I wanted to visit Worcester to see the historic centre, and to visit the Karoo Gardens, so we set off early from Tulbagh to drive the 56 kms to Worcester.
J H Fisher, the Landdrost in Tulbagh, and his counterpart in Graaff Reinet, felt their districts were too large to manage and recommended to the Governor of the Cape Colony, Lord Charles Somerset, that new districts be established between the two towns. The Governor agreed and this led to the establishment of both Beaufort West and Worcester. The Governor visited the area via Franschoek to inspect the newly acquired farms of Roodewal and Langerug, the establishment of the town was posted in 1820, and plots were put up for sale.
Worcester was laid out on a grid pattern and the main street was dominated by the Drostdy, built in 1823-25, which today is a school hostel.
The Old Goal was built around the corner in Distillery Road on Langerug, one of the original farms, and was originally damp and insecure – the goal had been fashioned out of the farm’s wine cellar.
Church Street is the street in which the architecturally interesting buildings are mainly situated. 170 Church Street was used by Glennan & Rich to produce apple vinegar, and later became a stables, breeding horses for the Indian army. Today it is an art gallery. No.168 Church Street dates to c.1835 and was owned by Mr Wykeham..!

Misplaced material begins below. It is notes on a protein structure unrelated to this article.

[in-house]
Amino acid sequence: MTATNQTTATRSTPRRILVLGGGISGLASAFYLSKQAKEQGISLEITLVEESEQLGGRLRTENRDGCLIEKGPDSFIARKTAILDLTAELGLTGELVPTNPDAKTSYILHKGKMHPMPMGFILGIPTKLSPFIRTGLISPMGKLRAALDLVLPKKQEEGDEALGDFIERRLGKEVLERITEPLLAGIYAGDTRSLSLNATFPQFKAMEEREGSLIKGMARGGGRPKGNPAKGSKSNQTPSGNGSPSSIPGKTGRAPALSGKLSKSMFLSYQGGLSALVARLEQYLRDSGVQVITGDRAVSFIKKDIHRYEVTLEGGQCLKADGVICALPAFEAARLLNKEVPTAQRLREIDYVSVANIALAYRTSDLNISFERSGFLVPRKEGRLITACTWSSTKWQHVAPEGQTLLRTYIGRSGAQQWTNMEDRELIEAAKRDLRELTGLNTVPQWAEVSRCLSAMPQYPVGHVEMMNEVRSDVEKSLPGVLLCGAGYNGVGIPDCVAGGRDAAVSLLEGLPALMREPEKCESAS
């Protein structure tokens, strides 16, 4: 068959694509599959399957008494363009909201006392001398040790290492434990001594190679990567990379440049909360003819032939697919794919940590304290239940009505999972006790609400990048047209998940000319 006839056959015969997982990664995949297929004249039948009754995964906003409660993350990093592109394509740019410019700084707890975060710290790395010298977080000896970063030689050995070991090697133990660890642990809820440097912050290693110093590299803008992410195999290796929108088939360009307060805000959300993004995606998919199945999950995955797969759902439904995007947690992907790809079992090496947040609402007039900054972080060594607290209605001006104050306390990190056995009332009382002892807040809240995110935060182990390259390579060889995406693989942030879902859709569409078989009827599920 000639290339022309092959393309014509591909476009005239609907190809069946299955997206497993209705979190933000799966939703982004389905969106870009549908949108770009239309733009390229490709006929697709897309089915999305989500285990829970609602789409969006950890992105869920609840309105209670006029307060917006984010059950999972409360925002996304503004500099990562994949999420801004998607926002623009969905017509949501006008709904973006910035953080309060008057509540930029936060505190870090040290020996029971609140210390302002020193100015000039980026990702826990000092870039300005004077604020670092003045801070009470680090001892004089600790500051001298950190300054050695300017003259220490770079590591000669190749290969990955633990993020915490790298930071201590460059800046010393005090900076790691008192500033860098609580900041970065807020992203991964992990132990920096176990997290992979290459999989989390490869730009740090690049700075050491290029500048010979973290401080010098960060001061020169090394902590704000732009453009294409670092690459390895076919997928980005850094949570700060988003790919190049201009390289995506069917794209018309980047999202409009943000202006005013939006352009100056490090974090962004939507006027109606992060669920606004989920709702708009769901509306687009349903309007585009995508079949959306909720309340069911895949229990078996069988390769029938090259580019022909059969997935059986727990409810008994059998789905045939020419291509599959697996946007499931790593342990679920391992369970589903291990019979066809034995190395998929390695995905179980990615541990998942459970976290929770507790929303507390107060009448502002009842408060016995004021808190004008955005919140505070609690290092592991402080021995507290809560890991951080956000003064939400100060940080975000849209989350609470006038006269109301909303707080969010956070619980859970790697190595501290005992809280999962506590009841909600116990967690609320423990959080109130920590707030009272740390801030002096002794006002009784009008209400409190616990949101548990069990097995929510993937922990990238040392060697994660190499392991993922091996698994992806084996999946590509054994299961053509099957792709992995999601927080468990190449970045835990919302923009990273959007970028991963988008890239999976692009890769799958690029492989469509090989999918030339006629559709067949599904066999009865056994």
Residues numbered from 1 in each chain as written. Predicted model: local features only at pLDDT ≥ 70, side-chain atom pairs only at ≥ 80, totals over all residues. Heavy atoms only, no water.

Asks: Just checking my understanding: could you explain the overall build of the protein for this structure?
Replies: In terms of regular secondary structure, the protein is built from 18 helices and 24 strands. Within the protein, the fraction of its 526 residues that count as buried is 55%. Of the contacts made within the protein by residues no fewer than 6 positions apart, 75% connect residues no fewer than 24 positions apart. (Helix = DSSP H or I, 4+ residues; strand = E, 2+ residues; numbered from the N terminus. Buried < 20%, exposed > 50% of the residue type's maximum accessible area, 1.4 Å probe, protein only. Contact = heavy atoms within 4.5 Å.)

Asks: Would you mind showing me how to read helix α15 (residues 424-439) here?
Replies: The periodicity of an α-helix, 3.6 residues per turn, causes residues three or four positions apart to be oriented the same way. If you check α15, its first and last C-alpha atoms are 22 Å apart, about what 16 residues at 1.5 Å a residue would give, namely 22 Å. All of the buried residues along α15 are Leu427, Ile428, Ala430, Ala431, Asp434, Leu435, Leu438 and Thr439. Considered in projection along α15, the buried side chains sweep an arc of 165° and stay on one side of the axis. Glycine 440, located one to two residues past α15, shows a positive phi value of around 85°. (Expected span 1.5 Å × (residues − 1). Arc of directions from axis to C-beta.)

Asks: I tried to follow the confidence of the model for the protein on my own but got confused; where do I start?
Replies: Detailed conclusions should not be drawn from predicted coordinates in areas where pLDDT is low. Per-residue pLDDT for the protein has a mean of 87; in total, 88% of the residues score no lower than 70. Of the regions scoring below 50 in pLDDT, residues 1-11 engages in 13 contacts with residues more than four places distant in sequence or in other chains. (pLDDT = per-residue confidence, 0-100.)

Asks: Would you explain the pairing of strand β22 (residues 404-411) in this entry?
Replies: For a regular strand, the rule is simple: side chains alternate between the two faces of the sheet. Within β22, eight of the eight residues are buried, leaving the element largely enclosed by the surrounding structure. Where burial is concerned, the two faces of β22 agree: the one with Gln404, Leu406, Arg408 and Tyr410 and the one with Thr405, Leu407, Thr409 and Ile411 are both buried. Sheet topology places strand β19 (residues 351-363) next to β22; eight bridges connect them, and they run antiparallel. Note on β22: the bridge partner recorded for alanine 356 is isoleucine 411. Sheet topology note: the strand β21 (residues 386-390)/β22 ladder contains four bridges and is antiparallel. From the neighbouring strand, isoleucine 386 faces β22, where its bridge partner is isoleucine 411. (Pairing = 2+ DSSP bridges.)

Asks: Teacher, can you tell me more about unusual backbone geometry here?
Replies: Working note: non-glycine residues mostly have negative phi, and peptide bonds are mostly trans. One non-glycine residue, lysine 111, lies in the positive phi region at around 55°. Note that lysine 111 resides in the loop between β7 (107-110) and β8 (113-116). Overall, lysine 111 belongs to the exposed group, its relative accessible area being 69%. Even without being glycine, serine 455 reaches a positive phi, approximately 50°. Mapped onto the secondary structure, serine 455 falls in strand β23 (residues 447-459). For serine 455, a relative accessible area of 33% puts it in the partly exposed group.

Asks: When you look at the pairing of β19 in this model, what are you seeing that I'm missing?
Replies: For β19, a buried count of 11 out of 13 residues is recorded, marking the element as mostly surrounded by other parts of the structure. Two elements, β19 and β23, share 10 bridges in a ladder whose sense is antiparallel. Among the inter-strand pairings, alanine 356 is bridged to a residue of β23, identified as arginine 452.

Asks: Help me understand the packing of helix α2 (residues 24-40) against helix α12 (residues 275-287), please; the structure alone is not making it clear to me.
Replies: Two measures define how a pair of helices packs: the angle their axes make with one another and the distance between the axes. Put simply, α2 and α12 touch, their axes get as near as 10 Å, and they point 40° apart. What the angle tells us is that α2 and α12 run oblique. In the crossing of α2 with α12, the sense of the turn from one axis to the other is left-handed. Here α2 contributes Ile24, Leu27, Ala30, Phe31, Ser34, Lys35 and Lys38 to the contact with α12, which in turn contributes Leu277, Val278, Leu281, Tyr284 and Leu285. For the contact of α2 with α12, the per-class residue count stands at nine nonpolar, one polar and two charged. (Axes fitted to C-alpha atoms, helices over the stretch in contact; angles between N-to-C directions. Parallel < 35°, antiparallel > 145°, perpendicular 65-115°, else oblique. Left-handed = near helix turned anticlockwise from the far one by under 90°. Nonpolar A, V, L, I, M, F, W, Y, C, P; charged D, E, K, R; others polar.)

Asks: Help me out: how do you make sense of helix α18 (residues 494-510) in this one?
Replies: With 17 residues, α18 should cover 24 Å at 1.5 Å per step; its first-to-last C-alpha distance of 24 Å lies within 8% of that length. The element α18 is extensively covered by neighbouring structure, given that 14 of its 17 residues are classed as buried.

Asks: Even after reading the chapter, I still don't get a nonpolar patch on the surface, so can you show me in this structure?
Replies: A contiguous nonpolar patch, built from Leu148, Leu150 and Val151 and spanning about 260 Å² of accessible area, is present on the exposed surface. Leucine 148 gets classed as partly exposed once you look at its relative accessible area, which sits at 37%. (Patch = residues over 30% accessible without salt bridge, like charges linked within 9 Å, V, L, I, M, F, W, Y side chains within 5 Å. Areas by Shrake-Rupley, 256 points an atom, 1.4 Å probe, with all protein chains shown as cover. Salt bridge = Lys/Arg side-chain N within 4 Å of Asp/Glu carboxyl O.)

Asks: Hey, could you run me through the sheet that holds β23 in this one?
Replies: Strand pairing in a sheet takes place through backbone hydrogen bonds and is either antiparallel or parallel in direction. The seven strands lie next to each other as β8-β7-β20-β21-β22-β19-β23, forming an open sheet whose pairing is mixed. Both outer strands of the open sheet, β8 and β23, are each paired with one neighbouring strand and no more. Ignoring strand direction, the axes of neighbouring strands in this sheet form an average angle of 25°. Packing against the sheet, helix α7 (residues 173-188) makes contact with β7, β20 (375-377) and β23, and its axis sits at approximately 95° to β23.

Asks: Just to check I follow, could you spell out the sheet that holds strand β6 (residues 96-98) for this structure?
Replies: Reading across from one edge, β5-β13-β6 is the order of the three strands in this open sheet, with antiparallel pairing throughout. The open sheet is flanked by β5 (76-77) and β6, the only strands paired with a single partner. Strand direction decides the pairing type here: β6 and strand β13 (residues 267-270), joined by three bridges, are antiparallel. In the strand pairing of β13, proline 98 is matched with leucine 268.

The large building on the corner of Trappes and Tulbagh Street is an amalgam: the original building, No.3, faces Trappes Street and is dated 1853 on the gable; a section facing Tulbagh Street was developed from the stables (where is the photograph, you ask?); and No. 1 Trappes street was inserted between the two.
No.158 Church Street was one of the first schools in Worcester. No.156 Church Street has a fretwork bargeboard, and broekie lace decoration. No.117 Church Street dates to c.1835.
The Dutch Reformed Church on Church Square dates from 1824, although subsequent changes have been made. The large square was set aside as the outspan area for the congregation.
No. 75 Church Street was built in c.1825 and belonged to the Beck family (just like the house around the corner, The Teacup, see the end of the post). The Congregational Church appears traditional and was founded in 1888, but the current building dates to only 1948. No.74 Church Street has been considerably altered…
No.70 Church Street is a Victorian house c.1908. No. 68 Church Street was built c.1860 and has a Worcester gable with a bow over the tympanum, a form of gabling only found in Worcester. The house belonged to the Assistant Landdrost of Worcester, JF van der Graaff. No.66 Church Street dates to c.1850 and is a double-storied Victorian building with a little balcony. No.56 Church Street dates to c.1860 and has a Worcester-type gable. It belonged to a trader, and later a doctor.
No.54 Church Street is a Victorian house of c.1910. No.33 Church Street is a Victorian house, built c.1886, and might have been used as a blacksmith. Roodewal, No.28 Church Street, dates to c.1830 and has a Worcester gable with a bow over the tympanum. No.33 Church Street is a Victorian house, built c.1886, and might have been used as a blacksmith. Roodewal, No.28 Church Street, dates to c.1830 and has a Worcester gable with a bow over the tympanum.
Exploring historical houses was hot work and we collapsed into The Teacup, No.21 Baring Street, also known as Beck House of 1841, for refreshments.
Suitably refreshed we set off to visit the Karoo Garden – post to appear on The Enthusiastic Gardener.